Senators fear fallout of nuclear option

Senators in both parties are speculating that a blowup over President Trump’s nominee to the Supreme Court could lead not only to the end of the filibuster for such nominations, but for controversial legislation as well.

While Senate Majority Leader Mitch McConnellAddison (Mitch) Mitchell McConnellDemocrats seek leverage for trial Democrats spend big to put Senate in play House Democrats to vote on flavored e-cigarettes ban next year MORE (R-Ky.) said Sunday on NBC’s “Meet the Press” that the legislative filibuster is safe, lawmakers fear that pressure will grow to get rid of it if Democrats block Neil Gorsuch’s nomination this week.

McConnell has all but promised to change the Senate’s rules to allow Gorsuch to be confirmed in a majority vote if Democrats filibuster him.

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The showdown will take place later this week after a Senate Judiciary Committee vote on Monday.

Senators in both parties are worried about how the fight over Gorsuch will affect the filibuster.

“The thing I worry most about is that we become like the House of Representatives. What’s the next step? Legislation?” said Sen. John McCainJohn Sidney McCainBudowsky: Would John McCain back impeachment? Sharice Davids to vote for Trump impeachment articles: 'The facts are uncontested' Ex-Rep. Scott Taylor to seek old Virginia seat MORE (R-Ariz.).

“I’m convinced it’s a slippery slope.”    

Sen. Bob CorkerRobert (Bob) Phillips CorkerRNC says ex-Trump ambassador nominee's efforts 'to link future contributions to an official action' were 'inappropriate' Lindsey Graham basks in the impeachment spotlight The Hill's 12:30 Report — Presented by Nareit — White House cheers Republicans for storming impeachment hearing MORE (R-Tenn.) warned last week on the Senate floor that growing pressure from the right and the left will make it difficult to withstand calls to eliminate the legislative filibuster.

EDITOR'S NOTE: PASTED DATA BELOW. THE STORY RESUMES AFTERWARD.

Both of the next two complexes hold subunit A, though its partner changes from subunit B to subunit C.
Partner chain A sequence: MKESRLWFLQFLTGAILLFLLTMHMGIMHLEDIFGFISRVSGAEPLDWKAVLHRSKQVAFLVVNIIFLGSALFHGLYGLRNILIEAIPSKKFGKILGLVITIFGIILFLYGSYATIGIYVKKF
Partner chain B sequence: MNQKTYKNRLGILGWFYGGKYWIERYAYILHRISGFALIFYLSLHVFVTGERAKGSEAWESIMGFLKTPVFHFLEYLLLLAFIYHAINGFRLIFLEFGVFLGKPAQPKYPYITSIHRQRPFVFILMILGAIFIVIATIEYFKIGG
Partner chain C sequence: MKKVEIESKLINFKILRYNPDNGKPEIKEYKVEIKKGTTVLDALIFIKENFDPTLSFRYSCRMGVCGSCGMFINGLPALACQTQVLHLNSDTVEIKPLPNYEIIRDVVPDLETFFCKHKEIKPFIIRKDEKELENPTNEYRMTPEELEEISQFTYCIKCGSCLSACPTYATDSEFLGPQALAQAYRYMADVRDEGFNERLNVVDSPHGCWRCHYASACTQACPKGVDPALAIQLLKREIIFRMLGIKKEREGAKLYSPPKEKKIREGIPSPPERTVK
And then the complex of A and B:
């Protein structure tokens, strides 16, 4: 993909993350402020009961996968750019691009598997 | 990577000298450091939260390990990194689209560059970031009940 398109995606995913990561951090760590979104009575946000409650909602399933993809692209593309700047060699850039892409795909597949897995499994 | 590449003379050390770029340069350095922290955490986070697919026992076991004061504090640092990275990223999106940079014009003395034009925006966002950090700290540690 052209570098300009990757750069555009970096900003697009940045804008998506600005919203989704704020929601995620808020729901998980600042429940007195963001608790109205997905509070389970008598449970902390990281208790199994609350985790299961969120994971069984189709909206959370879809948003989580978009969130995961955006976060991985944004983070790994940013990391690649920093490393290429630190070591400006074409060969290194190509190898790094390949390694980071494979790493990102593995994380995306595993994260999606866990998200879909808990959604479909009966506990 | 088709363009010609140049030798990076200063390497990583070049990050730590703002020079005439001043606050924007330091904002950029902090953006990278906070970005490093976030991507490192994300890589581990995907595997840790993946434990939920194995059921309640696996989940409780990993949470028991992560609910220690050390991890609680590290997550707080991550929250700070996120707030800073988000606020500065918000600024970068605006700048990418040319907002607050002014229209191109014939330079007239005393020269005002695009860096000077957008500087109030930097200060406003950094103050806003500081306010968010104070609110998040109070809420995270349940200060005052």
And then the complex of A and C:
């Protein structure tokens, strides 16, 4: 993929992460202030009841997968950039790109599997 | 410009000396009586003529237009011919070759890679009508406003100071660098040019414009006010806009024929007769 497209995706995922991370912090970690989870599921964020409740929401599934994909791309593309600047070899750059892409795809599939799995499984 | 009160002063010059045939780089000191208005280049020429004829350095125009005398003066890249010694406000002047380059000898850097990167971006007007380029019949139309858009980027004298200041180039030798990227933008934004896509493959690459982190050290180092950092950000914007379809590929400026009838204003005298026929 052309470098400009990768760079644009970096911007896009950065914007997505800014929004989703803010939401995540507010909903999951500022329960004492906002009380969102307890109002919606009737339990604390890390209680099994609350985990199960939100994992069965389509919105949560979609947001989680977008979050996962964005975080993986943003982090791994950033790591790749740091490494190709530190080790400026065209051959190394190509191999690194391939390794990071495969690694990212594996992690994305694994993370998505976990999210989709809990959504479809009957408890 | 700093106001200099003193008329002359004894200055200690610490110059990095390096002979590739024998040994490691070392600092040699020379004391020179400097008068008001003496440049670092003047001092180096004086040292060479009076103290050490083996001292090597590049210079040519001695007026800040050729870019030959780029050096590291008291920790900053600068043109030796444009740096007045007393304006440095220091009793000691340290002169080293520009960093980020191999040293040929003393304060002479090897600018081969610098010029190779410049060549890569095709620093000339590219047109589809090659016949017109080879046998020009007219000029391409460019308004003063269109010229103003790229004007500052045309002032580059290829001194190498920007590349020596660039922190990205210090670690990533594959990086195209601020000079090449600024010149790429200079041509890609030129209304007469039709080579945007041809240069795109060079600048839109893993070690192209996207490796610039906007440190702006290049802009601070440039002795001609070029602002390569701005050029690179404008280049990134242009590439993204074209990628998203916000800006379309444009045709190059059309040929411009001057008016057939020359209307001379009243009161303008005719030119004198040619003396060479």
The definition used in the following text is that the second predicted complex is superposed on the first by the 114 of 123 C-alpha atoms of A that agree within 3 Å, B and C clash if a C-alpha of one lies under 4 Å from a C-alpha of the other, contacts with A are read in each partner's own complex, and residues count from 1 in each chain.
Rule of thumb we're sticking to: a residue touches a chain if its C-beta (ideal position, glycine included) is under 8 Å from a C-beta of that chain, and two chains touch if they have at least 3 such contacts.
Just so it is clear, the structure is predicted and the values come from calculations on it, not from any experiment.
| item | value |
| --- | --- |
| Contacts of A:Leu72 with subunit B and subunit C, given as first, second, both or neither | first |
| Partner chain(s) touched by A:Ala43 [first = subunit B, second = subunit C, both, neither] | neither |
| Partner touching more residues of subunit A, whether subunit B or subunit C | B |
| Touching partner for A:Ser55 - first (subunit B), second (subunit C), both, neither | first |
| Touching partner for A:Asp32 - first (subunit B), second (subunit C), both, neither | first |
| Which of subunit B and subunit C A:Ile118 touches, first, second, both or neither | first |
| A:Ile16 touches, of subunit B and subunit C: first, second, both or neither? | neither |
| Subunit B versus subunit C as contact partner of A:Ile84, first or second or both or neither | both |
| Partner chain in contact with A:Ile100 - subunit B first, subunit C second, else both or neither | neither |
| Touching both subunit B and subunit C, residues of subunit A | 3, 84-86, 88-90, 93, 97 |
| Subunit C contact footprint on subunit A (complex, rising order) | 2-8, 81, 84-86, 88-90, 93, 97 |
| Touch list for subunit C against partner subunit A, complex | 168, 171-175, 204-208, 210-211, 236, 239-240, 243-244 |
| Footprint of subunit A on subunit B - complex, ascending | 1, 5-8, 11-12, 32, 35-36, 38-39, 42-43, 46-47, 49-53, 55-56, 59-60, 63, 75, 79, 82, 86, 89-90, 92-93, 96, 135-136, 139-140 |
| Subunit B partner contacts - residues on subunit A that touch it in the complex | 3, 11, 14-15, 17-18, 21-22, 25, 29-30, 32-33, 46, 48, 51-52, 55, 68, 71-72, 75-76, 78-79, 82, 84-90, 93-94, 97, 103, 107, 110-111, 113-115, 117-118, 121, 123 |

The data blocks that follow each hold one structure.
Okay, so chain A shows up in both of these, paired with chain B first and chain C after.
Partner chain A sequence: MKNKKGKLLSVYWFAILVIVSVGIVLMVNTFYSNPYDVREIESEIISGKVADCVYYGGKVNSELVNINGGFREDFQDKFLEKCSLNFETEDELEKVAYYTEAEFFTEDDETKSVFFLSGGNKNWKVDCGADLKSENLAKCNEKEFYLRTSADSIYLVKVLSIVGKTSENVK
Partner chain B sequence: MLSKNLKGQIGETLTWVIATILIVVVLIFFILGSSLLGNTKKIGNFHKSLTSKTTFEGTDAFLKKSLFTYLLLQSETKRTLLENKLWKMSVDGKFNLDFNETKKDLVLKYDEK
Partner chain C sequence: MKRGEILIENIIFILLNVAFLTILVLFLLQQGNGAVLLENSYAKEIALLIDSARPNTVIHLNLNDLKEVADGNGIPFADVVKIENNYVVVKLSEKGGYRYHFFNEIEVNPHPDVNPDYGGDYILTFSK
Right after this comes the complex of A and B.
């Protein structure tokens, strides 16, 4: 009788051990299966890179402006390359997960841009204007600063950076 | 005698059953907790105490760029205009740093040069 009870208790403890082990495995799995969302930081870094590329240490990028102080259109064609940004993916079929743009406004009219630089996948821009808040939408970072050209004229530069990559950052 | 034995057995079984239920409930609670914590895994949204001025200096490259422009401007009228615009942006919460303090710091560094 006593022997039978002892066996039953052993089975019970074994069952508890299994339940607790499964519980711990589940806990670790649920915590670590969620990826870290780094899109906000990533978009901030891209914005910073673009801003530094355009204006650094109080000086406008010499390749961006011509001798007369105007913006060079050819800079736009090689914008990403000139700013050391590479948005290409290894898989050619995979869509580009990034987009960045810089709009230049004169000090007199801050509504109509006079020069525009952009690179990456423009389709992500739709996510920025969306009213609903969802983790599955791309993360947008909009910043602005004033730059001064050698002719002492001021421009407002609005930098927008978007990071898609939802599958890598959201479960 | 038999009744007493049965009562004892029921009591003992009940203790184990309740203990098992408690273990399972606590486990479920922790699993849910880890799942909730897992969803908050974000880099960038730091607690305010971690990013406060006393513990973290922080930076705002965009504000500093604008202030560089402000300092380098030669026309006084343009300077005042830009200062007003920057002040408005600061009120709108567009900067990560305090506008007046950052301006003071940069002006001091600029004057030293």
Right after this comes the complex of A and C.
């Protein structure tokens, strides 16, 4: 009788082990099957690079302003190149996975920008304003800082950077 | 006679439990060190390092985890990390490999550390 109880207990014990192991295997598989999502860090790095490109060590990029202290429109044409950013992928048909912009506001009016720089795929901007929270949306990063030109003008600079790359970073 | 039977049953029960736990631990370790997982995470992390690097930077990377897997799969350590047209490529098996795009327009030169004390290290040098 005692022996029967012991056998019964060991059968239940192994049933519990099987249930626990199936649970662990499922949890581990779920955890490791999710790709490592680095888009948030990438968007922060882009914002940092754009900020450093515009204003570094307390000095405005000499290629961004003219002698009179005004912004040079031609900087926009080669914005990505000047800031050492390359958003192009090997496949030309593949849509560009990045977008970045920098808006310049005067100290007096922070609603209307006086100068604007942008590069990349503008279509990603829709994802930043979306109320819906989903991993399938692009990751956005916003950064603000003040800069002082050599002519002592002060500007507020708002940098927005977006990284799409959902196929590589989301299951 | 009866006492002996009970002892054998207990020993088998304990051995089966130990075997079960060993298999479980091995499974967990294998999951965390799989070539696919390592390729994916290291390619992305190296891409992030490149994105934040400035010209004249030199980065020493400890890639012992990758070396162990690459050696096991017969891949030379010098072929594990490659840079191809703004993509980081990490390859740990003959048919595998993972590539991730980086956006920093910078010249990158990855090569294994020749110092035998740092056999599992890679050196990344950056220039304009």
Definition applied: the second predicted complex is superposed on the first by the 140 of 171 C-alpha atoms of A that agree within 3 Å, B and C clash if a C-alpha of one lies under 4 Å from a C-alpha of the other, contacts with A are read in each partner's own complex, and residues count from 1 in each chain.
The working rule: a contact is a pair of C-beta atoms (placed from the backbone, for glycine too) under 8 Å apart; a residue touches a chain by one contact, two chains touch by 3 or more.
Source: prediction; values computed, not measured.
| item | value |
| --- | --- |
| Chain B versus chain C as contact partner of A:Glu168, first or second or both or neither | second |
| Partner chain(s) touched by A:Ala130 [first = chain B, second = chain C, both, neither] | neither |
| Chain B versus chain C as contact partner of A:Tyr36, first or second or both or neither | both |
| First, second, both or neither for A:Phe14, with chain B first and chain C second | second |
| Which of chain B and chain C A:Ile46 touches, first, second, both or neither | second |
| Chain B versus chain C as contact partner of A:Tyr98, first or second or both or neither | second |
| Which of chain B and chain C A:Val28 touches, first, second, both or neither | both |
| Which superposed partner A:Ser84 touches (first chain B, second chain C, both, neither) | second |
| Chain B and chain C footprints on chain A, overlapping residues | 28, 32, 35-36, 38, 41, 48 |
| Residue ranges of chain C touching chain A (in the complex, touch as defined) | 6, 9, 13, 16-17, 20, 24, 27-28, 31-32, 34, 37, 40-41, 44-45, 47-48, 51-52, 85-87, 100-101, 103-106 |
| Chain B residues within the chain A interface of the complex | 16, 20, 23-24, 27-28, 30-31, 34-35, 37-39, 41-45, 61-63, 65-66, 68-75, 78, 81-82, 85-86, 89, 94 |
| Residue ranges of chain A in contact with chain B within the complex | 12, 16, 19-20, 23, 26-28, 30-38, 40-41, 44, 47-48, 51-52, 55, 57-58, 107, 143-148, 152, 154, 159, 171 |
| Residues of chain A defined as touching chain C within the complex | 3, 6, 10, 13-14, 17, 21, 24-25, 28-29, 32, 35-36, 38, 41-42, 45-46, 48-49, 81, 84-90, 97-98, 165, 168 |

“If we continue on the path we’re on right now, the very next time there’s a legislative proposal that one side of the aisle feels is so important they cannot let their base down, the pressure builds, then we’re going to vote the nuclear option on the legislative piece,” he said.

“That’s what will happen. Somebody will do it.”

Sen. Joe ManchinJoseph (Joe) ManchinManchin warns he'll slow-walk government funding bill until he gets deal on miners legislation Krystal Ball: Is this how Bernie Sanders will break the establishment? Potential Dem defectors face pressure on impeachment MORE (D-W.Va.), one of only three Democrats who have explicitly said they’d oppose a filibuster of Gorsuch, warns the Senate is in danger of becoming a smaller version of the House, where the minority party has few rights.

“People who have been here for a long time know that we’re going down the wrong path here. The most unique political body in the world, the United States Senate, will be no more than a six-year term in the House,” he said.

“I’m doing whatever I can to preserve he 60-vote rule,” he said.

Sen. Heidi HeitkampMary (Heidi) Kathryn HeitkampPro-trade group launches media buy as Trump and Democrats near deal on new NAFTA The Hill's Morning Report — Biden steadies in third debate as top tier remains the same Trump wins 60 percent approval in rural areas of key states MORE (D-N.D.), who like Manchin says she will vote to allow Gorsuch’s nomination to move forward, said she is also concerned about the legislative filibuster.

“This erosion that seems to be happening, of course I’m worried about it,” she said.  

Gorsuch picked up a third Democratic vote on Sunday when Sen. Joe DonnellyJoseph (Joe) Simon DonnellyGinsburg health scare raises prospect of election year Supreme Court battle Watchdog accuses pro-Kavanaugh group of sending illegal robotexts in 2018 Lobbying world MORE (Ind.) said he would back him.

Republicans need 60 votes to overcome the filibuster backed by Senate Democratic Leader Charles SchumerCharles (Chuck) Ellis SchumerKrystal Ball: Is this how Bernie Sanders will break the establishment? TikTok chief cancels Capitol Hill meetings, inflaming tensions Overnight Health Care — Presented by That's Medicaid — Deal on surprise medical bills faces obstacles | House GOP unveils rival drug pricing measure ahead of Pelosi vote | Justices to hear case over billions in ObamaCare payments MORE (N.Y.), who on Sunday said it is “highly, highly unlikely” that Republicans will get there.